What is a cremation?

Cremation using gas flame burning is currently the most popular method of body disposal used throughout the civilised world, today.

Cremation may serve as a funeral or post-funeral rite and as an alternative to the burial or interment of the corpse. In some countries, including India and Nepal, cremation on an open-air pyre is an ancient tradition. Starting in the 19th century, cremation was introduced or reintroduced into other parts of the world. Today, cremation is commonly carried out using a closed furnace cremator, at a crematorium.

Cremation leaves behind an average of 2.4 kg (5.3 lbs) of residues, known as "ashes" or "cremains". This is comprised of unburnt fragments of bone mineral, which are commonly ground into powder. They are harmless and may be interred in a memorial site, retained by relatives, or respectfully scattered at some memorable place to the deceased.

The earliest known cremation dates from about 17,000 years ago in the archaeological record, with the Mungo lady, whose partly cremated remains were discovered at Lake Mungo, NSW Australia.

What is the environmental impact of a cremation?

Gas flame cremation being an obvious source of carbon emissions, cremation also has environmental issues over burial, depending on local practice. Studies by Elisabeth Keijzer for the Netherlands Organisation for Applied Research found that cremation has less of an environmental impact than a traditional burial (the study did not address natural burials), while the newer method of alkaline hydrolysis (sometimes called water cremation) had less impact than both. The study was based on Dutch practice; American crematoria are more likely to emit mercury, but are less likely to burn hardwood coffins.

Keijzer's studies also found that a cremation or burial accounts for only about a quarter of a funeral's environmental impact since the carbon emissions of people travelling to the funeral are far greater.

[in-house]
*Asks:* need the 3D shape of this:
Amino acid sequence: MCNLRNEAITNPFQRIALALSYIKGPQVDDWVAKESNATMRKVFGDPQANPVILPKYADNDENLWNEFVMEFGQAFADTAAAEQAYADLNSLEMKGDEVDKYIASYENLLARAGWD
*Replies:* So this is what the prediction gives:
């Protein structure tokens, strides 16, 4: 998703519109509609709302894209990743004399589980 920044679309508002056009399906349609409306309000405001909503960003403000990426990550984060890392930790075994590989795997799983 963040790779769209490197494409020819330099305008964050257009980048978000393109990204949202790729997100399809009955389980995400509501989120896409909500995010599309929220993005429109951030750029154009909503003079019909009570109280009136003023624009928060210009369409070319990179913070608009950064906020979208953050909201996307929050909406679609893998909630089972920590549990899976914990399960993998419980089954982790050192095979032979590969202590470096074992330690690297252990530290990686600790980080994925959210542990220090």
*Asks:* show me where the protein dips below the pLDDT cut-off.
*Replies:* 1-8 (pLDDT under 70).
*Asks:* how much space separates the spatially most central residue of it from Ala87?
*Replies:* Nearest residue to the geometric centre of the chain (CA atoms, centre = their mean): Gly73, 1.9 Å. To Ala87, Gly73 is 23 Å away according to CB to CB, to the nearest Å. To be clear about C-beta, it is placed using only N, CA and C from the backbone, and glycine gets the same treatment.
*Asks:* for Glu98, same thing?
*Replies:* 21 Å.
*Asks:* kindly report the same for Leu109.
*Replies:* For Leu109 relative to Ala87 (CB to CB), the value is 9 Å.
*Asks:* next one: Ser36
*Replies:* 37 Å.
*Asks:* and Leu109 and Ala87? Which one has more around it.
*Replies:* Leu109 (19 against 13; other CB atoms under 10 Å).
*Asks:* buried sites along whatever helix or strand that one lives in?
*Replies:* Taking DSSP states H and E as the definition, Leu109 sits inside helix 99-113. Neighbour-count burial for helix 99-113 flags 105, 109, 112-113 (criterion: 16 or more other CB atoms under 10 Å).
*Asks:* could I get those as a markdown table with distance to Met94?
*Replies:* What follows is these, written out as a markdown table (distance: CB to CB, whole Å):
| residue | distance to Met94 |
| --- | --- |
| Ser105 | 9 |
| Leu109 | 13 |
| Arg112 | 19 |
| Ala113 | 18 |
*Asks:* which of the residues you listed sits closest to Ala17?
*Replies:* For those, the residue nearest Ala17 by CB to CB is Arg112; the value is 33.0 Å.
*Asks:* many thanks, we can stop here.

What are cremation emissions?

Each cremation requires about 110 L (28 US gal) of fuel and releases about 240 kg (540 lb) of carbon dioxide into the atmosphere. Thus, the roughly 1 million bodies that are cremated annually in the United States produce about 240,000 t (270,000 short tons) of carbon dioxide, which is more CO2 pollution than 22,000 average American homes generate in a year.

Cremation versus burial

Burial is a known source of certain environmental contaminants, with the major ones being formaldehyde and the coffin itself. Cremation can also release contaminants, for example mercury from dental fillings.

In the UK local authorities are under severe pressure regarding cemeteries. This is basically because they are full! Fees charged at the point of burial are inadequate to maintain graves and headstones, which sometimes, with time, fall over. This both unsightly and unsafe.

Embalming fluids and bodily fluids leak into the ground and may pollute water courses.

This leads to the issue of the re-use of graves. When this occurs, bodies are excavated, the bones usually disposed of and the skull is marked with the name of the deceased and retained in a crypt. This is a tough realisation for many, hence the preference for the polluting use of gas flame cremation.

Alternative death rituals emphasizing one method of disposal of a body—inhumation (burial), cremation, or exposure—have gone through periods of preference throughout history.

It remains a fact, however that gas flame cremation and burial are neither practical nor acceptable methods of body disposal, for the reasons given. Aquatorium, a new UK company is planning to open its first Aquatorium water cremation site in 2022. Visit www.aquatorium.com

COVID-19: guidance for arranging or attending funerals during the coronavirus pandemic

During COVID19 it is not possible to conduct funerals and cremations as before. Attendance at funerals either in church or at a crematorium is limited to 25 persons.

"GoDirectCremations were a lifesaver. Well, not quite. I can't tell you how helpful GoDirectCremations were after my father died. I'd never had to do any "death admin" before and, frankly, didn't know where to start. GoDirectCremations managed the whole thing: transport from the care home, certificates, cremation and final delivery of the ashes. They kept me informed every step of the way. I always knew what was happening and what would happen next. It was probably the most stress free part of the whole process. My father always said he wanted a no-nonsense funeral. GoDirectCremations were able to provide that and dealing with them meant I could spend more time helping my children come to terms with our loss and more time with my father's friends, which I know would have been important to him. Now we have the ashes, we are able to plan a more relaxed thanksgiving ceremony at a time of our choosing. I couldn't recommend GoDirectCremations enough" Ewan McCowen

Futher reading

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